Think of Universal Electricity mods as being comfortably added upon your existing power systems.  This means you can trust that your ICBM Sentry Turrets can be powered by Buildcraft engines (for example).  However, bear in mind that, unless those mods are coded to use UE, it's going to be a one-way street.  For example, Atomic Science turbines will not be able to power Buildcraft quarries, but Galacticraft does accept UE.

Universal Electricity's main weakness is that it's not very well documented.   There is some documentation on the official website, but I have found this to be incomplete, reflecting earlier builds, and often more of a programmer's design document than something useful to the players.  You will find the best coverage on the Voltz wiki, but that is very outdated information for the latest builds of what Calclavia has been up to.  For example, Assembly Lines has been rolled into Resonant Induction, I'm not sure where "Fluid Mechanics" is now, if anywhere.

After what happened to my last game, I'm feeling a bit cautious about including Resonant Induction in the mix, but I suspect that, if I use version 329 and avoid using filters, then it won't crash my game.  It does add a lot of cool things that do work, and using the Assembly Line stuff from Resonant Induction is bound to look a lot cooler and higher tech than Buildcraft piping.

Third Priority: Go even more high tech by doing most of the manual labor using the Modular Powersuits mod.

What good is it to have built a fusion-powered fortress bristling with laser turrets and antimatter missiles if I'm still running around swinging swords and mining with a pickaxe?  It's time to suit-up wearing something that would get a thumbs up from Tony Stark himself.
Now that's what I'm talking about!
Wouldn't you know it?  Here's where the mod mix starts encountering problems.
  • The powersuit recipes for Universal Electricity are outdated, which renders most of the suit pieces incapable of being built with Universal Electricity installed!  Note that, by default, the Thermal Expansion recipes are not built in.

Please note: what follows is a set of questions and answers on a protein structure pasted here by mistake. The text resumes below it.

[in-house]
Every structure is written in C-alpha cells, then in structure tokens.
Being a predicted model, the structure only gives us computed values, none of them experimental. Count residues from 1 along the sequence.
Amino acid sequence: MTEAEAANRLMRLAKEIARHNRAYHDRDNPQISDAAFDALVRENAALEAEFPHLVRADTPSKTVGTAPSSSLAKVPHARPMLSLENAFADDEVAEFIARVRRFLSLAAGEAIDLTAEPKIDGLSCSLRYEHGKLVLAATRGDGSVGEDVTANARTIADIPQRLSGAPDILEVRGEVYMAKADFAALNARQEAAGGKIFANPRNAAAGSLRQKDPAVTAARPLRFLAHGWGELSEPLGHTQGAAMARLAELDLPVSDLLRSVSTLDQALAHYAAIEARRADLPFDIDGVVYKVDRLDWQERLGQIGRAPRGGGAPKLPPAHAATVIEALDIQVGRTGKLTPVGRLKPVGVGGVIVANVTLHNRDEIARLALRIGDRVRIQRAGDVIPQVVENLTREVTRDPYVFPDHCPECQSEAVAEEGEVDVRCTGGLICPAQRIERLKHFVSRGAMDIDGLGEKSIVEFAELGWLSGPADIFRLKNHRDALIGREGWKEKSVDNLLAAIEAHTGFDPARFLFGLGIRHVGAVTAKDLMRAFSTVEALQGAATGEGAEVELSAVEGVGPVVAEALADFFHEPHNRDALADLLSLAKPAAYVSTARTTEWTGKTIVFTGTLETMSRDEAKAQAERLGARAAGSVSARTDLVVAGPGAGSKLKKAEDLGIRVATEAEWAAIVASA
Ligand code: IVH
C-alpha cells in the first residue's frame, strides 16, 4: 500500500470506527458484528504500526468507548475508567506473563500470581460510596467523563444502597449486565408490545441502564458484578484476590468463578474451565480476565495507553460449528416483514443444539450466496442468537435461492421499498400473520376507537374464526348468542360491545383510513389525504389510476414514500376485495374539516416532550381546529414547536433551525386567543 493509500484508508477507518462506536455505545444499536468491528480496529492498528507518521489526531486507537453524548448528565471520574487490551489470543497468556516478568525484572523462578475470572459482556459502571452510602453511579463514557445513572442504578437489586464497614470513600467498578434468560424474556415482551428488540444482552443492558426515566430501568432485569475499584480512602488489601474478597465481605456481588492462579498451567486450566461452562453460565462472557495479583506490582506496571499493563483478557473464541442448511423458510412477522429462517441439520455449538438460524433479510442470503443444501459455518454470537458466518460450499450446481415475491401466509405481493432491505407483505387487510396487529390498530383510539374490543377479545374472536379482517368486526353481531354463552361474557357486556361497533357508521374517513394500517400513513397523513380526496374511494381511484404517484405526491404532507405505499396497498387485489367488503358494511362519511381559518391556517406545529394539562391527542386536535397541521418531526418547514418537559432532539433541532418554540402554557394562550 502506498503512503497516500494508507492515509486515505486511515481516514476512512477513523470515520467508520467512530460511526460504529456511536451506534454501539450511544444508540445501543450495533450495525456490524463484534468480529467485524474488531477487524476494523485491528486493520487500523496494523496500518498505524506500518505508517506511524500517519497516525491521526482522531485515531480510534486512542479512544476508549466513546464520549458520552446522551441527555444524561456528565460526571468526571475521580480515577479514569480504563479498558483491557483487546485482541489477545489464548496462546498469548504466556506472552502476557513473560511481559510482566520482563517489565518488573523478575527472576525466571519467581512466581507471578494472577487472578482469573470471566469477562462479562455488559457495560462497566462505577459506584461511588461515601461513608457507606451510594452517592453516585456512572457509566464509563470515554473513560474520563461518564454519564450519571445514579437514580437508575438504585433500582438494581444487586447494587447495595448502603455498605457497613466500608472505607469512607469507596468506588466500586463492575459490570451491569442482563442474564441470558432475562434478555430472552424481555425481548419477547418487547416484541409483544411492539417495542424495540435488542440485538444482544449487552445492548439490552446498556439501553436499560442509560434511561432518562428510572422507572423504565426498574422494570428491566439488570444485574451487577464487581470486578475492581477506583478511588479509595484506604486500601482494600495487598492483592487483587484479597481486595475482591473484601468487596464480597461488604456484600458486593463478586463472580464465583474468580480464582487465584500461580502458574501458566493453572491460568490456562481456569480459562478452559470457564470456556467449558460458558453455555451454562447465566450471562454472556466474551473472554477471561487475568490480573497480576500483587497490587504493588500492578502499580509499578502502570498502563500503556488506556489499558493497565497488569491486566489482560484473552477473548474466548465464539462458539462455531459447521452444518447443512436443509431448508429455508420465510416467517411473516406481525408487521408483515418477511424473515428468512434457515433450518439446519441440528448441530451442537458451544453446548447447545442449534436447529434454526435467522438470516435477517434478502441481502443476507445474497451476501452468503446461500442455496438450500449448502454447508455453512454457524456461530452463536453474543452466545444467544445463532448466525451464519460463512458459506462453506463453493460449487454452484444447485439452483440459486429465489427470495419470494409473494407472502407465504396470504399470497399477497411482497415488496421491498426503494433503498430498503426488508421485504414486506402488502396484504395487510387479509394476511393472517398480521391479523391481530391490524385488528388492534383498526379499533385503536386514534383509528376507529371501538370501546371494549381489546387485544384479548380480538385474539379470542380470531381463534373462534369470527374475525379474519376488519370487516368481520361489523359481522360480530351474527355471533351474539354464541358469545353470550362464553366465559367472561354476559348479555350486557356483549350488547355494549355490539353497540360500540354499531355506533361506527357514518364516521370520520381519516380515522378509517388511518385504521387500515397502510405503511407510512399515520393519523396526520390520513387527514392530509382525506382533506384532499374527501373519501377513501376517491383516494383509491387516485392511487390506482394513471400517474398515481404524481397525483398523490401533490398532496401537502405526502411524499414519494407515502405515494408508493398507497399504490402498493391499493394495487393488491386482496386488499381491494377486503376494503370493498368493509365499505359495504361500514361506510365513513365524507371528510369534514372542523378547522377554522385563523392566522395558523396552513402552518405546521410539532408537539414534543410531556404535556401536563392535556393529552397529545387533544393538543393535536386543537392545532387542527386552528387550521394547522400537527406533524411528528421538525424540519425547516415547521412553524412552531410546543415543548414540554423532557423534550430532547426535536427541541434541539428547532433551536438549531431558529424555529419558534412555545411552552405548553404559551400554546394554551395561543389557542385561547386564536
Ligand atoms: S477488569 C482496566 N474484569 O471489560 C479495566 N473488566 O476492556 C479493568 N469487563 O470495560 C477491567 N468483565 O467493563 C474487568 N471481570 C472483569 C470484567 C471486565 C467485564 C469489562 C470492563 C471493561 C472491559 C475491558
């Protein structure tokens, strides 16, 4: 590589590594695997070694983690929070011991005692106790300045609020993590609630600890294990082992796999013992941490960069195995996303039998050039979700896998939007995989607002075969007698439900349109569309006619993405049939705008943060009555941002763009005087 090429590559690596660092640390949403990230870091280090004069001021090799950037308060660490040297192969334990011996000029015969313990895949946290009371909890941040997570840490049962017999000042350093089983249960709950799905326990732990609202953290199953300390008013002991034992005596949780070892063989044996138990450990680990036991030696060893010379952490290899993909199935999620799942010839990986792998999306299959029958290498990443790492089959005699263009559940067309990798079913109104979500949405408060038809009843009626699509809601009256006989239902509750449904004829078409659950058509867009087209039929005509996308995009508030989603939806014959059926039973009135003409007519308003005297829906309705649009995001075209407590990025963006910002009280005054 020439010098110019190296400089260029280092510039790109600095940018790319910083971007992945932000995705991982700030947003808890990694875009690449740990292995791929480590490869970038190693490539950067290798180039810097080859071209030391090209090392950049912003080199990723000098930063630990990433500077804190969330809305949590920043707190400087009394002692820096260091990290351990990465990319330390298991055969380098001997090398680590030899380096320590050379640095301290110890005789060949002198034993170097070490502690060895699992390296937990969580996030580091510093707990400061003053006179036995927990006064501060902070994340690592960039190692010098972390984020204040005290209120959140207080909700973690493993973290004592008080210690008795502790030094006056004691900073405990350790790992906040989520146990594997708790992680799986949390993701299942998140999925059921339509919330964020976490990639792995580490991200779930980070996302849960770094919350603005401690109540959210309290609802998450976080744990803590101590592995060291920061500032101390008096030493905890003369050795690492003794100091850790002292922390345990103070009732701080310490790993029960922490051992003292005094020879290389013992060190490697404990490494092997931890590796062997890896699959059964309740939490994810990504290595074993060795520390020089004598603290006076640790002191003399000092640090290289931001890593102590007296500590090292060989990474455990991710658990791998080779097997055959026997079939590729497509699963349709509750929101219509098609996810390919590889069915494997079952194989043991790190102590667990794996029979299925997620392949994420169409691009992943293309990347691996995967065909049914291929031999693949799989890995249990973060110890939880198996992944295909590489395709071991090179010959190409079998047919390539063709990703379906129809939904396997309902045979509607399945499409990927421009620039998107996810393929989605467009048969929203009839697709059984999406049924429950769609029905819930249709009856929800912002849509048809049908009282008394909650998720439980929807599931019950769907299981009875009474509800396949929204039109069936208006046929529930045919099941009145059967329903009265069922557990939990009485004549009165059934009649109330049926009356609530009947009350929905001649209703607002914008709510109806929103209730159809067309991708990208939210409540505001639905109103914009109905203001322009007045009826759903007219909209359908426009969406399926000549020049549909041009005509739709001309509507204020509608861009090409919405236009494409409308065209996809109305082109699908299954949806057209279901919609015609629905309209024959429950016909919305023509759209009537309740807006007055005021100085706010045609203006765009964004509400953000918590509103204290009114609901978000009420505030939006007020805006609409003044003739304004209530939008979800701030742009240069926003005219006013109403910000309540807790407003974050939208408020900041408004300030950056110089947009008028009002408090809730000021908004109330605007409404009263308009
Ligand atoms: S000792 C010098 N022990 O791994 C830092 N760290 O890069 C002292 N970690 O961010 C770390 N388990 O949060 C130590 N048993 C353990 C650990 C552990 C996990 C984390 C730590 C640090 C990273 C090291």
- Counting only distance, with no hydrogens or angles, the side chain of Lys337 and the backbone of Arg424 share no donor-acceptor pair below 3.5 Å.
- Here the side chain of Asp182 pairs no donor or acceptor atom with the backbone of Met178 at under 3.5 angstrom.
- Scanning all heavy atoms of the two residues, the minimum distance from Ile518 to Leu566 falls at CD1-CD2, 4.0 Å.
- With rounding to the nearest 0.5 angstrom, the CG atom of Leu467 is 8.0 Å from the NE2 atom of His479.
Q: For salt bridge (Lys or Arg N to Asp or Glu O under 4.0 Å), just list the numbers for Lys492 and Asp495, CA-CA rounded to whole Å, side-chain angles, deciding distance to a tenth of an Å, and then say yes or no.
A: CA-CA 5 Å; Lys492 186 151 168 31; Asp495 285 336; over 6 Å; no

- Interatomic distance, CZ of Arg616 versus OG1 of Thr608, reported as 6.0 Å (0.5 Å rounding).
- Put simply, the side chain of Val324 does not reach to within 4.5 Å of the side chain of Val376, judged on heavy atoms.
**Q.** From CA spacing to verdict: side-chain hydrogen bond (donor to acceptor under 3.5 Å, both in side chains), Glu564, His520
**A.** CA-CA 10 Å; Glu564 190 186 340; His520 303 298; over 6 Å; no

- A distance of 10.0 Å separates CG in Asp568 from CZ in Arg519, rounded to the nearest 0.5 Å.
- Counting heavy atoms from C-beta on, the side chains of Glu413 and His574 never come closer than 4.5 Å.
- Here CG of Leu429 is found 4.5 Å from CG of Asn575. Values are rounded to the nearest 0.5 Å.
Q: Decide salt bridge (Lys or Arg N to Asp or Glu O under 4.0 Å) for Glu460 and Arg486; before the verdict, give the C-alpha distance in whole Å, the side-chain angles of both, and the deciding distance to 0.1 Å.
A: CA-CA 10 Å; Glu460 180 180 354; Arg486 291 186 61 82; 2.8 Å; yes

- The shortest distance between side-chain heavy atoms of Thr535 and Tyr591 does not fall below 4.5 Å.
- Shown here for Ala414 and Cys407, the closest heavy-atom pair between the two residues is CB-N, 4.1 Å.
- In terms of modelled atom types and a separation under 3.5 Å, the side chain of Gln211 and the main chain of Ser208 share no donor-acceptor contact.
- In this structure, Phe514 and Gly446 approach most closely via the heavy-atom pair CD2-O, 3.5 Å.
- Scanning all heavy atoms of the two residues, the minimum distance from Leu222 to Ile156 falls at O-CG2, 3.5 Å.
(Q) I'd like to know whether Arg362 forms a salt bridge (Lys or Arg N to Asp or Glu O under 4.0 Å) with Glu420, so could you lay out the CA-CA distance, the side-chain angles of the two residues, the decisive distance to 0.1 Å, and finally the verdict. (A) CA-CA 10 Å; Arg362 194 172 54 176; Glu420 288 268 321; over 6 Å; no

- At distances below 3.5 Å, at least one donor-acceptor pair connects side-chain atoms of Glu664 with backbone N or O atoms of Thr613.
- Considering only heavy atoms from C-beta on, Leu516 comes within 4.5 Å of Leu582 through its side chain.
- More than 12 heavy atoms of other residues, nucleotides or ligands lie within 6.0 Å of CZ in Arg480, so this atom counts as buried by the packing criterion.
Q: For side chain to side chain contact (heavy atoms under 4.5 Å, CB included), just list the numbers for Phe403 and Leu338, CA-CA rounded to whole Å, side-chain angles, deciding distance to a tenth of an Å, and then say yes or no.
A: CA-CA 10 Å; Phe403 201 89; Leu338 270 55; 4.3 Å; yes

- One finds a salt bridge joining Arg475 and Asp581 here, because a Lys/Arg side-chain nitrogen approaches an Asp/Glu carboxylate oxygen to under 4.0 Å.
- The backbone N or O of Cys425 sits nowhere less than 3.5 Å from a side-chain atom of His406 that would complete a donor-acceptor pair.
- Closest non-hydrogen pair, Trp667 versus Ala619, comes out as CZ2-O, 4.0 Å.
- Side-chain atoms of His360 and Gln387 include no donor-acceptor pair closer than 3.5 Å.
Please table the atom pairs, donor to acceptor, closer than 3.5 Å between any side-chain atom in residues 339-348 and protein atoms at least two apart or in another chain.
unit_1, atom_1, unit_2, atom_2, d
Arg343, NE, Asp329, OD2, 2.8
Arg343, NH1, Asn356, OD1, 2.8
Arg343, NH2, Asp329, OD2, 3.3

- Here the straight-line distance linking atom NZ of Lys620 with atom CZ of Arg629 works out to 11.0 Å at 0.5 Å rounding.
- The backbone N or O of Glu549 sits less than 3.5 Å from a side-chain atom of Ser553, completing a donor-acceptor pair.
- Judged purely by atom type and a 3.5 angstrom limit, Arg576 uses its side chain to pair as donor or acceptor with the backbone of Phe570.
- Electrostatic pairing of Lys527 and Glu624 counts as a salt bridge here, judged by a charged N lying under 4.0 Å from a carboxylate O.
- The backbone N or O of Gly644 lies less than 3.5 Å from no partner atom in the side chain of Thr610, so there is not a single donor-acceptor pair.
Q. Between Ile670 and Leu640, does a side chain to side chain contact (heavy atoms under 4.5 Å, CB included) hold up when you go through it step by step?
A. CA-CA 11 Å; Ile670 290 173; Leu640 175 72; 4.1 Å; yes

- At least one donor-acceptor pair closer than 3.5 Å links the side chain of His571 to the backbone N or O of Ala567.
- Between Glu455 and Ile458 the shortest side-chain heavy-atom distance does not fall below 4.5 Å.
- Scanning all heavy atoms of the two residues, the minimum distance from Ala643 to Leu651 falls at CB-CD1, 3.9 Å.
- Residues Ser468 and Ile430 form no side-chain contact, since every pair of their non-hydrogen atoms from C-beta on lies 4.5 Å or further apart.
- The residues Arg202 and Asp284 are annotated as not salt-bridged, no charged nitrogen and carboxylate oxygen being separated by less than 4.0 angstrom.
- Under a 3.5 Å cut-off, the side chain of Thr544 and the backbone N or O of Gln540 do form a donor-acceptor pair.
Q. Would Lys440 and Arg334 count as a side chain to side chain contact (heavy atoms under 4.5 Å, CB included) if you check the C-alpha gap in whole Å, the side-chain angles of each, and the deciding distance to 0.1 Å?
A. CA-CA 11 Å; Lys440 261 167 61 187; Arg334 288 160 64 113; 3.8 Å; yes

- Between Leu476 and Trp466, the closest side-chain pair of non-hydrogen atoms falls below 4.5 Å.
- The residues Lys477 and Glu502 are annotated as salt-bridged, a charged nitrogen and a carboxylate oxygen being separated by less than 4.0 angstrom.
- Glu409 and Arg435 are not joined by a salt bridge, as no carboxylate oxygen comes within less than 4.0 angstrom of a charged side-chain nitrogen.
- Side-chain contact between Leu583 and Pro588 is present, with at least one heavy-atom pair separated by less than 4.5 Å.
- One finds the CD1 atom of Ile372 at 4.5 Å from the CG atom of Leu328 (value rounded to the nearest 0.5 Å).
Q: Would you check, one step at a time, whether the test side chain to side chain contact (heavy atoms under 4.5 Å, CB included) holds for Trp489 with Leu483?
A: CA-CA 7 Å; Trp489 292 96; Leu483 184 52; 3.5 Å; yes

• The means of charging the parts for the modular powersuits are IC2, UE, or RF.  That's it.  IndustrialCraft 2 is a big barrel of fish I'm not getting into (it would involve using an earlier version of Minecraft, and adds a ton of things I don't necessarily want).  I've already got UE, but now that's even less an option.
In case you missed that, here's the catch 22:
  • Install Universal Electricity, you can't craft the parts of Modular Powersuits.
  • Don't install Universal Electricity, you can't charge the parts of Modular Powersuits.
There are a few of workarounds, but it involves getting your hands dirty:
  1. Install Thermal Expansion, the only other mod that can power Modular Powersuits, then go to Jenkin's experimental builds website and download the Thermal Expansion recipe file, manually install it in .minecraft/config/machinemuse/recipes.

    The main trouble with this solution is you will now have a bunch of redundant ores in the game.  For example, if you have Thermal Induction, Universal Electricity, and Galacticraft, you will have no less than three kinds of tin and copper, and sketchy cross-compatibility between their uses.
  2. Stick with Universal Electricity, go to Jenkin's experimental builds website, then download and manually install the "vanilla" recipes, instead.